Swenson on enlightenment: Leave things better than you find them

David Swenson breaks up today’s Guru Purnima theme by posting about the ever-illusive idea of enlightenment.

He begins with a joke that should be familiar to Confluence attendees (and perhaps those who have taken a workshop with him):

A student once asked me: Are you enlightened? 
My answer: If I am it is a big disappointment!

David then provides a thorough, but also simple and short, definition of “being enlightened”:

Expanding upon that definition we could say that the truly enlightened individual is one that is grossly absorbed in the activities and duties of their daily life. Living to the fullest extent their true purpose. With such enlightened activities as getting their children dressed and ready for school. Approaching their job and all actions and encounters that each day has to offer with the greatest of integrity and presence. If truly enlightened the individual does not need to disengage from apparently mundane activities but rather every action becomes an expression of a truly deep understanding of the eternal spiritual nature of all beings and the common inner-connection we all share through the thread of spirit that permeates the fabric of life.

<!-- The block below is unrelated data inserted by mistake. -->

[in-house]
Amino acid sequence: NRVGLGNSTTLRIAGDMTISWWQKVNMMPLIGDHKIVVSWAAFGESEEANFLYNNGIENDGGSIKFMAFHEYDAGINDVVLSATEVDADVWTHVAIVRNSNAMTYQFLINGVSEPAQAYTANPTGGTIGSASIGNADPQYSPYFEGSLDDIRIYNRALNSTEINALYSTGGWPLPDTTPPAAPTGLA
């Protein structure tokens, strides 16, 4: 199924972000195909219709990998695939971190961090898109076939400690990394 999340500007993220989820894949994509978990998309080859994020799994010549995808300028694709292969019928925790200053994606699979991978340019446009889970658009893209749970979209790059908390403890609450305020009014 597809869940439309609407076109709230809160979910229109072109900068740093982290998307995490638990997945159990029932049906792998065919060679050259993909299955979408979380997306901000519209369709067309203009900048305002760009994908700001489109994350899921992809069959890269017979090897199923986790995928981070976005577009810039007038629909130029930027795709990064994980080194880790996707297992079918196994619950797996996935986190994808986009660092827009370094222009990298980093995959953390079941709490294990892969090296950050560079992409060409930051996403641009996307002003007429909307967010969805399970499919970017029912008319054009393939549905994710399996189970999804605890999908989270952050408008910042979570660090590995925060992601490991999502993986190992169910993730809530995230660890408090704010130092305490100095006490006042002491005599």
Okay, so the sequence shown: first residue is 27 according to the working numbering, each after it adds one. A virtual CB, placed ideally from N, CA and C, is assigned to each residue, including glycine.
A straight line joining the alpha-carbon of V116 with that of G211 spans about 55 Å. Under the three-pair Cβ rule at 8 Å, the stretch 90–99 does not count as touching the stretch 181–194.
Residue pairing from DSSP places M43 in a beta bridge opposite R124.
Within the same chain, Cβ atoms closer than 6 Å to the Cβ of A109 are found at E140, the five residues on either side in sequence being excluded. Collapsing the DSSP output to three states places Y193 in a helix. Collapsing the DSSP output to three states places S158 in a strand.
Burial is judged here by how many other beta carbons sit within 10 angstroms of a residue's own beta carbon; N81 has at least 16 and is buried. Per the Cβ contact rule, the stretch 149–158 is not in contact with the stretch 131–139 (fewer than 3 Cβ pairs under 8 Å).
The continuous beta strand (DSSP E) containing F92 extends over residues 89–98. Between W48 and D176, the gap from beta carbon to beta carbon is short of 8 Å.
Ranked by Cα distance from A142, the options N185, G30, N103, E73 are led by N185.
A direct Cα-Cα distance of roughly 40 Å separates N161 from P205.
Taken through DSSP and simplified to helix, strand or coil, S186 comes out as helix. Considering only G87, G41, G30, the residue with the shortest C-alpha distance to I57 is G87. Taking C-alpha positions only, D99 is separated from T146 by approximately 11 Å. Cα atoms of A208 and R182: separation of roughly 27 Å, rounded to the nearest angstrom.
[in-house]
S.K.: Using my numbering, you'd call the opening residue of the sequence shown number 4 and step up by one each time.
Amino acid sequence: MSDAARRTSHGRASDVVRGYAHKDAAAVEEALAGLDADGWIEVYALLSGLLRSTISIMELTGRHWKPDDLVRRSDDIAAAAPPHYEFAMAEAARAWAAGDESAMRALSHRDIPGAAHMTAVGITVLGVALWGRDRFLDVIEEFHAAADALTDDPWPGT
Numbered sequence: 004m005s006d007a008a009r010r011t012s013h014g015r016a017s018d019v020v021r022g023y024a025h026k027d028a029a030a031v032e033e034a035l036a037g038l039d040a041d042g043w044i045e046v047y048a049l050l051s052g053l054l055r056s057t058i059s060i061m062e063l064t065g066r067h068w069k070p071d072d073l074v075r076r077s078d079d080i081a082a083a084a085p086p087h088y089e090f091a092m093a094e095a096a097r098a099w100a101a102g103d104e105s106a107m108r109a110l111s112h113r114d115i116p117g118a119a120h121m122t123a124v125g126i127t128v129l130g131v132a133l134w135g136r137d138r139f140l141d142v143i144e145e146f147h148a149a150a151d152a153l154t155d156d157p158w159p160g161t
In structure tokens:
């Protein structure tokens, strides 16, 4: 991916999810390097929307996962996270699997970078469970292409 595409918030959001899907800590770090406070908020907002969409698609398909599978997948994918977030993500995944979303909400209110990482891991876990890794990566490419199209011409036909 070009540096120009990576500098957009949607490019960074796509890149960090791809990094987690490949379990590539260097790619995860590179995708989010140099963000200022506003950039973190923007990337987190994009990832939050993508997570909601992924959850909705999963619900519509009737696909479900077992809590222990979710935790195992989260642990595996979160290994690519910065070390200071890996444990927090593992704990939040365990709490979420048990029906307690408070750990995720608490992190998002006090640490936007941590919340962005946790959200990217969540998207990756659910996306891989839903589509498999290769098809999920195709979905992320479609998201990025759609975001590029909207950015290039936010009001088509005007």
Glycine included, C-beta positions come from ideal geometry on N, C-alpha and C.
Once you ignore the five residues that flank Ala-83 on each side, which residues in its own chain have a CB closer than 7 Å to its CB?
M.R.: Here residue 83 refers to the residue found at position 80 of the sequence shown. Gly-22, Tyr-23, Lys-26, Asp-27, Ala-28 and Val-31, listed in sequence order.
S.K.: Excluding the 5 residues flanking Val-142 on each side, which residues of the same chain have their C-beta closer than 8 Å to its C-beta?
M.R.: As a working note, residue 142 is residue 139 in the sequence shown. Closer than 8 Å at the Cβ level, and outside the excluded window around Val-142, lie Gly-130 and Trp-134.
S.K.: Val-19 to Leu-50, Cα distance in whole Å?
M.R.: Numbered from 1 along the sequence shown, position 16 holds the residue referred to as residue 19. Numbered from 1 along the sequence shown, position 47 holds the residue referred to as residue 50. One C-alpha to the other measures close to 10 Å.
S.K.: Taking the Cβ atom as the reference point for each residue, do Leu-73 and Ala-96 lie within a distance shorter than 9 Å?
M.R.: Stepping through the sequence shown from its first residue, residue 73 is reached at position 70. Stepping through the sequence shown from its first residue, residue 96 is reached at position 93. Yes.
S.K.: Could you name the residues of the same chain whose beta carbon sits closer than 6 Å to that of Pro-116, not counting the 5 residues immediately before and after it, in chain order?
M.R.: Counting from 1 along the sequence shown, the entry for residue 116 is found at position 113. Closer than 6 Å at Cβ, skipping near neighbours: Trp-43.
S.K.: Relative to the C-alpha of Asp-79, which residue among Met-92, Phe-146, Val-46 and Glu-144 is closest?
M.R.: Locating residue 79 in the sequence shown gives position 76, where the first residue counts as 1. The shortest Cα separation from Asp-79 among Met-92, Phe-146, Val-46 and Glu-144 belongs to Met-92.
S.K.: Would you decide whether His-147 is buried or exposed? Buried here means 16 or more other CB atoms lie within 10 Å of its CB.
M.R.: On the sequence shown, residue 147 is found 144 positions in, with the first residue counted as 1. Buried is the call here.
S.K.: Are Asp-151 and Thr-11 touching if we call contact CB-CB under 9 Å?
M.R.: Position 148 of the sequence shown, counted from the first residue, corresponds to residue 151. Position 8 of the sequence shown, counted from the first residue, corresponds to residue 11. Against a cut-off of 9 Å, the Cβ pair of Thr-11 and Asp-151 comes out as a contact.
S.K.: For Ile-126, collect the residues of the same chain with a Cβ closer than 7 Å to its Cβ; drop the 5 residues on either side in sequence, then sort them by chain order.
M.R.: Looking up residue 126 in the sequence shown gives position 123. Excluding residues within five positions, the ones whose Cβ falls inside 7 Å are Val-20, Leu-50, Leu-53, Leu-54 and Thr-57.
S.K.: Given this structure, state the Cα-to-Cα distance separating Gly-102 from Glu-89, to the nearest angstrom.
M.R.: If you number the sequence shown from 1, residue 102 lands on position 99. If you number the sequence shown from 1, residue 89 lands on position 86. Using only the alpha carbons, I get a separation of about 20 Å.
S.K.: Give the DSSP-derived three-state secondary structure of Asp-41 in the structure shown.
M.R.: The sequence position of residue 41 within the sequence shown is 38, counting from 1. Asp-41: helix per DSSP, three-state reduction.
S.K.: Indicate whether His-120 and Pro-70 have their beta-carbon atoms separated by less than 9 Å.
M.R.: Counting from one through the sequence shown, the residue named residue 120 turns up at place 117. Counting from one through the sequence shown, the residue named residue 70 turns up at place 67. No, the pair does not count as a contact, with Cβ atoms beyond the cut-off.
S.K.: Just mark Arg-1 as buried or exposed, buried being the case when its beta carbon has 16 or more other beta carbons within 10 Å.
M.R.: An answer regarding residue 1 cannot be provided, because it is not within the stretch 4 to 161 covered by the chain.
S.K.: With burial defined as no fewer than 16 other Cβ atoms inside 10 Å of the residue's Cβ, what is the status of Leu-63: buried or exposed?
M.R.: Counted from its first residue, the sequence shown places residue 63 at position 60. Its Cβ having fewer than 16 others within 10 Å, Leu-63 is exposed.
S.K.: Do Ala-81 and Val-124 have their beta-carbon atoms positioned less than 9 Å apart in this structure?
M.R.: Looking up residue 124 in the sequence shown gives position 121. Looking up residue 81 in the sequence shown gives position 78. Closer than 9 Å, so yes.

Laying things out simply and clearly definitely is one hallmark of David’s teaching; Bobbie’s been looking through his essential instructional manual lately, and it is remarkably clear, even when describing some of the more tricky parts of the asana practice. (I.e. you get into that pose how?) He brings that same clarity to this post.

He also asks a very telling question at its end. But you’ll have to check it out to find out what it is.

Posted by Steve

Published by

theconfluencecountdown

Two Ashtangis write about their practice and their teachers.

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